What In-House Counsel Do
In-house positions differ, from small start-ups or local business to Fortune 100 companies. The work environment ranges from traditional 9 to 5 jobs to work schedules every bit as frenetic and long as the most harried law firm attorney.
Traditionally, in-house jobs did not pay as much as law firms for similar work. The trade-off was thought to be fewer hours and no pressure to generate business. Today, the fewer hours’ part of the equation is not as stable. While there is no pressure to produce business in the rainmaker sense, there is still a need to generate business internally for your services. In-house counsel still earns less than their contemporaries in law firms. But, senior-level in-house counsel have opportunities for significant bonuses and profit-sharing arrangements.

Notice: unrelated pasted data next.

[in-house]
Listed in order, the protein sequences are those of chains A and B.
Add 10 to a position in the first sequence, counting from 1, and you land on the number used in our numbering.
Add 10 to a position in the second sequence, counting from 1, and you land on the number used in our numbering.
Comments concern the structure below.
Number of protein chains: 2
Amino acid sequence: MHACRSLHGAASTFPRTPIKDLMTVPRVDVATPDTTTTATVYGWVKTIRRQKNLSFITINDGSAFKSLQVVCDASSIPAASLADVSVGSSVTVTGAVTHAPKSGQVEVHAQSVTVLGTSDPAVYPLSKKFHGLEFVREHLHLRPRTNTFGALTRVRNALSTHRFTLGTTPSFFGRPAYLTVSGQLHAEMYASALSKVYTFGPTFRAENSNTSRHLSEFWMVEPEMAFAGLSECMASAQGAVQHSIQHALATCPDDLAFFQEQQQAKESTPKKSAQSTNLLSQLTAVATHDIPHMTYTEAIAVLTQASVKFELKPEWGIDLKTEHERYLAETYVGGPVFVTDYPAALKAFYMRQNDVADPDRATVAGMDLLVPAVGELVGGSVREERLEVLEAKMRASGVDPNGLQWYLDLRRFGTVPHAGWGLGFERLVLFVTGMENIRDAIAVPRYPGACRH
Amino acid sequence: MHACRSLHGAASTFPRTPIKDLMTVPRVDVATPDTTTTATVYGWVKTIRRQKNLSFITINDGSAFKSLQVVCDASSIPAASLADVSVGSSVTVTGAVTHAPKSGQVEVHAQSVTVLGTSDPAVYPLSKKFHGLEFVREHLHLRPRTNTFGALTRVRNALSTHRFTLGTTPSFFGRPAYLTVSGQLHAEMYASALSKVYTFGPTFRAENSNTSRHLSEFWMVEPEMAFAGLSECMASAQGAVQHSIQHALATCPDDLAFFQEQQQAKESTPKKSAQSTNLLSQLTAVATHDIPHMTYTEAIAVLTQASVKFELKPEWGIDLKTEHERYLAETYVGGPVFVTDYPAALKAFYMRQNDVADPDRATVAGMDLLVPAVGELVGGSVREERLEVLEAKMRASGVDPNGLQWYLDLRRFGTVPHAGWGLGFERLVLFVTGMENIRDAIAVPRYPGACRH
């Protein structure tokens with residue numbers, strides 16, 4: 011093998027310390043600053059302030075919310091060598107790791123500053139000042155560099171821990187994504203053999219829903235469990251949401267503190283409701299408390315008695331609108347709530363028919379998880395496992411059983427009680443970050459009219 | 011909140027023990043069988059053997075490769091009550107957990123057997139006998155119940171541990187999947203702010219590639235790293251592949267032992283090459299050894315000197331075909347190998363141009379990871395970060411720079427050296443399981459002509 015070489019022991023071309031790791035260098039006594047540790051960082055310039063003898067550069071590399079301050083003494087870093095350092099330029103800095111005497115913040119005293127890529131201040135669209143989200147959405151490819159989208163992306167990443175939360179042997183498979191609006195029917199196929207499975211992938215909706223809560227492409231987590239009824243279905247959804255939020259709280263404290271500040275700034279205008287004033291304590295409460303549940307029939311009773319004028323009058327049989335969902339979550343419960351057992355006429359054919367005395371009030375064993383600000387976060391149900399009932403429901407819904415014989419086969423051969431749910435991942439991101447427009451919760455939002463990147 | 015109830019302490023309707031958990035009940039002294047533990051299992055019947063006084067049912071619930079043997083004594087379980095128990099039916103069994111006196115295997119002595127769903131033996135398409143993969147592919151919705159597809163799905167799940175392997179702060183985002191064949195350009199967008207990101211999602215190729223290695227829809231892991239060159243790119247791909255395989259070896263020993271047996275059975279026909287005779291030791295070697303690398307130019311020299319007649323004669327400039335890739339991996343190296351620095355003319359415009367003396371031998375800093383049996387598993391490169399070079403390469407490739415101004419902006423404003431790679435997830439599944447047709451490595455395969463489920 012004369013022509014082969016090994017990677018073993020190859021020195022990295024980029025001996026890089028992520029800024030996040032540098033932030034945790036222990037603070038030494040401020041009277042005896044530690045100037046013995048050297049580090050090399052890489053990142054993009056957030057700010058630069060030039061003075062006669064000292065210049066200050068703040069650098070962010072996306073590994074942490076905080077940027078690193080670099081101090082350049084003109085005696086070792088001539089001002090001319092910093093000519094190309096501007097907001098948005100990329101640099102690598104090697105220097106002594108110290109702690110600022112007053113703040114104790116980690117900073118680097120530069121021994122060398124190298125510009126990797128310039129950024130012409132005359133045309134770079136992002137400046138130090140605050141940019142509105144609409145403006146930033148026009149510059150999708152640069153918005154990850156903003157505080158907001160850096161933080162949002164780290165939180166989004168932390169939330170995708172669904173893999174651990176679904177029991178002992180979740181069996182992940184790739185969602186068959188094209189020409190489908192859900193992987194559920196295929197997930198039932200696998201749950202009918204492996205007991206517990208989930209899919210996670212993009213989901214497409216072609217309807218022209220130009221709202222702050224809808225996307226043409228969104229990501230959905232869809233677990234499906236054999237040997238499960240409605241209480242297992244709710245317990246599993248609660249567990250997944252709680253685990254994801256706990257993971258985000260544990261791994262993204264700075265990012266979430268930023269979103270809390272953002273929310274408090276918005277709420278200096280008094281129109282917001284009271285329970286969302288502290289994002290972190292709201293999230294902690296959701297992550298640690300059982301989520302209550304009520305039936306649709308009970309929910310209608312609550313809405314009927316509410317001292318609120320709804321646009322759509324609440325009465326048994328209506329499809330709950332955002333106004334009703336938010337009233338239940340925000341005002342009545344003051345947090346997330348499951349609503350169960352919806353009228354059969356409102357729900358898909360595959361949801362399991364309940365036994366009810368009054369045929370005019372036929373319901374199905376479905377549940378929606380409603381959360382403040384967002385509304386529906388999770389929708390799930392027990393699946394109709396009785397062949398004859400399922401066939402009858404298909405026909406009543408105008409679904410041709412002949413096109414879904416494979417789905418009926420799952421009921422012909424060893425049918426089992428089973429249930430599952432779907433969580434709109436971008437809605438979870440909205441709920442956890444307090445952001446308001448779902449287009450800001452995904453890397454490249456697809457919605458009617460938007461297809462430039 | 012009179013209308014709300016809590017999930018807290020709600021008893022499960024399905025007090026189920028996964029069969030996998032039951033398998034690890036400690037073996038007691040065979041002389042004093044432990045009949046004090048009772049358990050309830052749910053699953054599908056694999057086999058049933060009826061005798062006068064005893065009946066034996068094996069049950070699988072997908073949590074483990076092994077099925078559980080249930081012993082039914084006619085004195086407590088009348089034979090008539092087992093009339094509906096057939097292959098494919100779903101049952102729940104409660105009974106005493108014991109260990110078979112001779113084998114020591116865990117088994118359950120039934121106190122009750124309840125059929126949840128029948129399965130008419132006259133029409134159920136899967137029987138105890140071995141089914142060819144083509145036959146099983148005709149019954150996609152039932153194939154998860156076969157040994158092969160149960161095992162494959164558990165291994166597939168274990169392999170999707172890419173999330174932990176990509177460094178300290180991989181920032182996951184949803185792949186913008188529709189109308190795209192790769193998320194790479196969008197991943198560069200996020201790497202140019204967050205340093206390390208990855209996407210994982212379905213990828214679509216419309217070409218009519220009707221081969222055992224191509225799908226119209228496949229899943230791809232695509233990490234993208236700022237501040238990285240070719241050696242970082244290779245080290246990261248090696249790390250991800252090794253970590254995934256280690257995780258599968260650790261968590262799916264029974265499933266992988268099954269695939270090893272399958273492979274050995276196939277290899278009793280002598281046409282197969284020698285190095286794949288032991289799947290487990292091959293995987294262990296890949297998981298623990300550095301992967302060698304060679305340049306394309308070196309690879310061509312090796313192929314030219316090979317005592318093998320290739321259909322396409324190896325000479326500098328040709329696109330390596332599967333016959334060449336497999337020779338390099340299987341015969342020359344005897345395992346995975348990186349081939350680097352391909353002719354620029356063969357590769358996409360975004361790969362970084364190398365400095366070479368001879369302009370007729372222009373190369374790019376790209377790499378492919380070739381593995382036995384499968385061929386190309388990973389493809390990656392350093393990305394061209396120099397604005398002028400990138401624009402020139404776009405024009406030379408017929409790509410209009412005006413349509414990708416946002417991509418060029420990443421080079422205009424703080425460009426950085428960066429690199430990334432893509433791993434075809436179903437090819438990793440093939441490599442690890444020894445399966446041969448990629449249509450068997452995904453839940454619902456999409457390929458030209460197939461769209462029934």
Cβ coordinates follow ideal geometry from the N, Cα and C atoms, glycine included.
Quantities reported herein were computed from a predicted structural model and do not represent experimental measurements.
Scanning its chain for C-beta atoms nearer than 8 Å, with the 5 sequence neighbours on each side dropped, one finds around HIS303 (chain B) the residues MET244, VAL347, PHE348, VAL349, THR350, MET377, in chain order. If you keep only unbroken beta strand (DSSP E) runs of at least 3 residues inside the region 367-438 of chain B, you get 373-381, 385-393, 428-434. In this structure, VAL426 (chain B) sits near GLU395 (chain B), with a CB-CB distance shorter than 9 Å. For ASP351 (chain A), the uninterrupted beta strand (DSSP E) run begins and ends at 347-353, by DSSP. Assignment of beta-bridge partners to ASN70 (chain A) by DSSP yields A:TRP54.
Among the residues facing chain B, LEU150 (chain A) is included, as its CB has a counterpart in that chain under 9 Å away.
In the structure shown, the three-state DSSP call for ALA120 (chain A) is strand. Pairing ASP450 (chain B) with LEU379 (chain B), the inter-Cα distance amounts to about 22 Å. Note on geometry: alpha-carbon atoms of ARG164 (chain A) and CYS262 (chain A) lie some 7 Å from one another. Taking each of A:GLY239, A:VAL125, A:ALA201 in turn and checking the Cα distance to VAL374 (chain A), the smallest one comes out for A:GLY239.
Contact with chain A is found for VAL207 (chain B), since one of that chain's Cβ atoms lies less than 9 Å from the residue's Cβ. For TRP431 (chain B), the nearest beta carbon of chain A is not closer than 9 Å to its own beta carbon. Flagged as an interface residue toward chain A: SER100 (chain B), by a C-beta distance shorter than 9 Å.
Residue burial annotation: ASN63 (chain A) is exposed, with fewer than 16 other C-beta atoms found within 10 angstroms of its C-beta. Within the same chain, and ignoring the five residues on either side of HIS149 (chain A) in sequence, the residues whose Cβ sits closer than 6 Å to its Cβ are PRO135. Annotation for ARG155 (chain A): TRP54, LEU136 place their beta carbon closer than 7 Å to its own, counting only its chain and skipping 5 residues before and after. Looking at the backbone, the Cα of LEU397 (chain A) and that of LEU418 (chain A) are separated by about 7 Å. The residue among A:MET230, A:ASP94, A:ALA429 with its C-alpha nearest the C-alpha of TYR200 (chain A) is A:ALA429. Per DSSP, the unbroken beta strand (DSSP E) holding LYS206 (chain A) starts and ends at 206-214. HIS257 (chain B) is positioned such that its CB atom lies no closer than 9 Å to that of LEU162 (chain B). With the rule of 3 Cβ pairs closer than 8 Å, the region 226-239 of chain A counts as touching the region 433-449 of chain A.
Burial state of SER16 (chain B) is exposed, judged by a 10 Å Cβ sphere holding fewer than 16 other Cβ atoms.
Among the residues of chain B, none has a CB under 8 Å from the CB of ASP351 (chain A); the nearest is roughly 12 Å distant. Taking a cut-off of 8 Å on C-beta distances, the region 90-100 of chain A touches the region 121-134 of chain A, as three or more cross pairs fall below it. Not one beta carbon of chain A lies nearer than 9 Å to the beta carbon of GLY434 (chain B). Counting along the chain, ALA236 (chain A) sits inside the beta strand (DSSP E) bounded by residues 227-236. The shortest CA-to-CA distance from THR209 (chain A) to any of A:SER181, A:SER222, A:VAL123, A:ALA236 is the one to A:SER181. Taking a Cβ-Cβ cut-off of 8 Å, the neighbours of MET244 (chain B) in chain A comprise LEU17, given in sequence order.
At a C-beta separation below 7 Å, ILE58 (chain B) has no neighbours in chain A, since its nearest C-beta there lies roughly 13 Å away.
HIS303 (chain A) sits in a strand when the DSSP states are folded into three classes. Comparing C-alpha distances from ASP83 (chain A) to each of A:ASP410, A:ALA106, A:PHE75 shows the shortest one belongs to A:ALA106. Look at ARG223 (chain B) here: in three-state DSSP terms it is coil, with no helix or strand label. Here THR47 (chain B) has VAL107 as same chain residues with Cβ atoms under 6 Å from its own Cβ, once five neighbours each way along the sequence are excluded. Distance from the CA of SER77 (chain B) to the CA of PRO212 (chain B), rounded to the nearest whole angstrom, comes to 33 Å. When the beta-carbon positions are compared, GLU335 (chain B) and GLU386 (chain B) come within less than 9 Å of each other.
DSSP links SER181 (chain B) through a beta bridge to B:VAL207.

Lawyers practicing in law firms have more freedom to set their schedules daily. Many of you will say, “What freedom, I’ve got partners making demands and clients calling to disrupt my schedule.” Well, whatever freedom you have to set your schedule, it is much harder to do when your client may be a few offices away. They can drop by to discuss their matter or request a quick review of something that has just come up.
Work expected from an in-house lawyer can vary widely. From lawyers focused on specific tasks such as analyzing the transfer tax implications of individual cross-border transactions, to general counsel responsible for all legal matters from transactions to litigation. General counsel may even handle non-legal matters.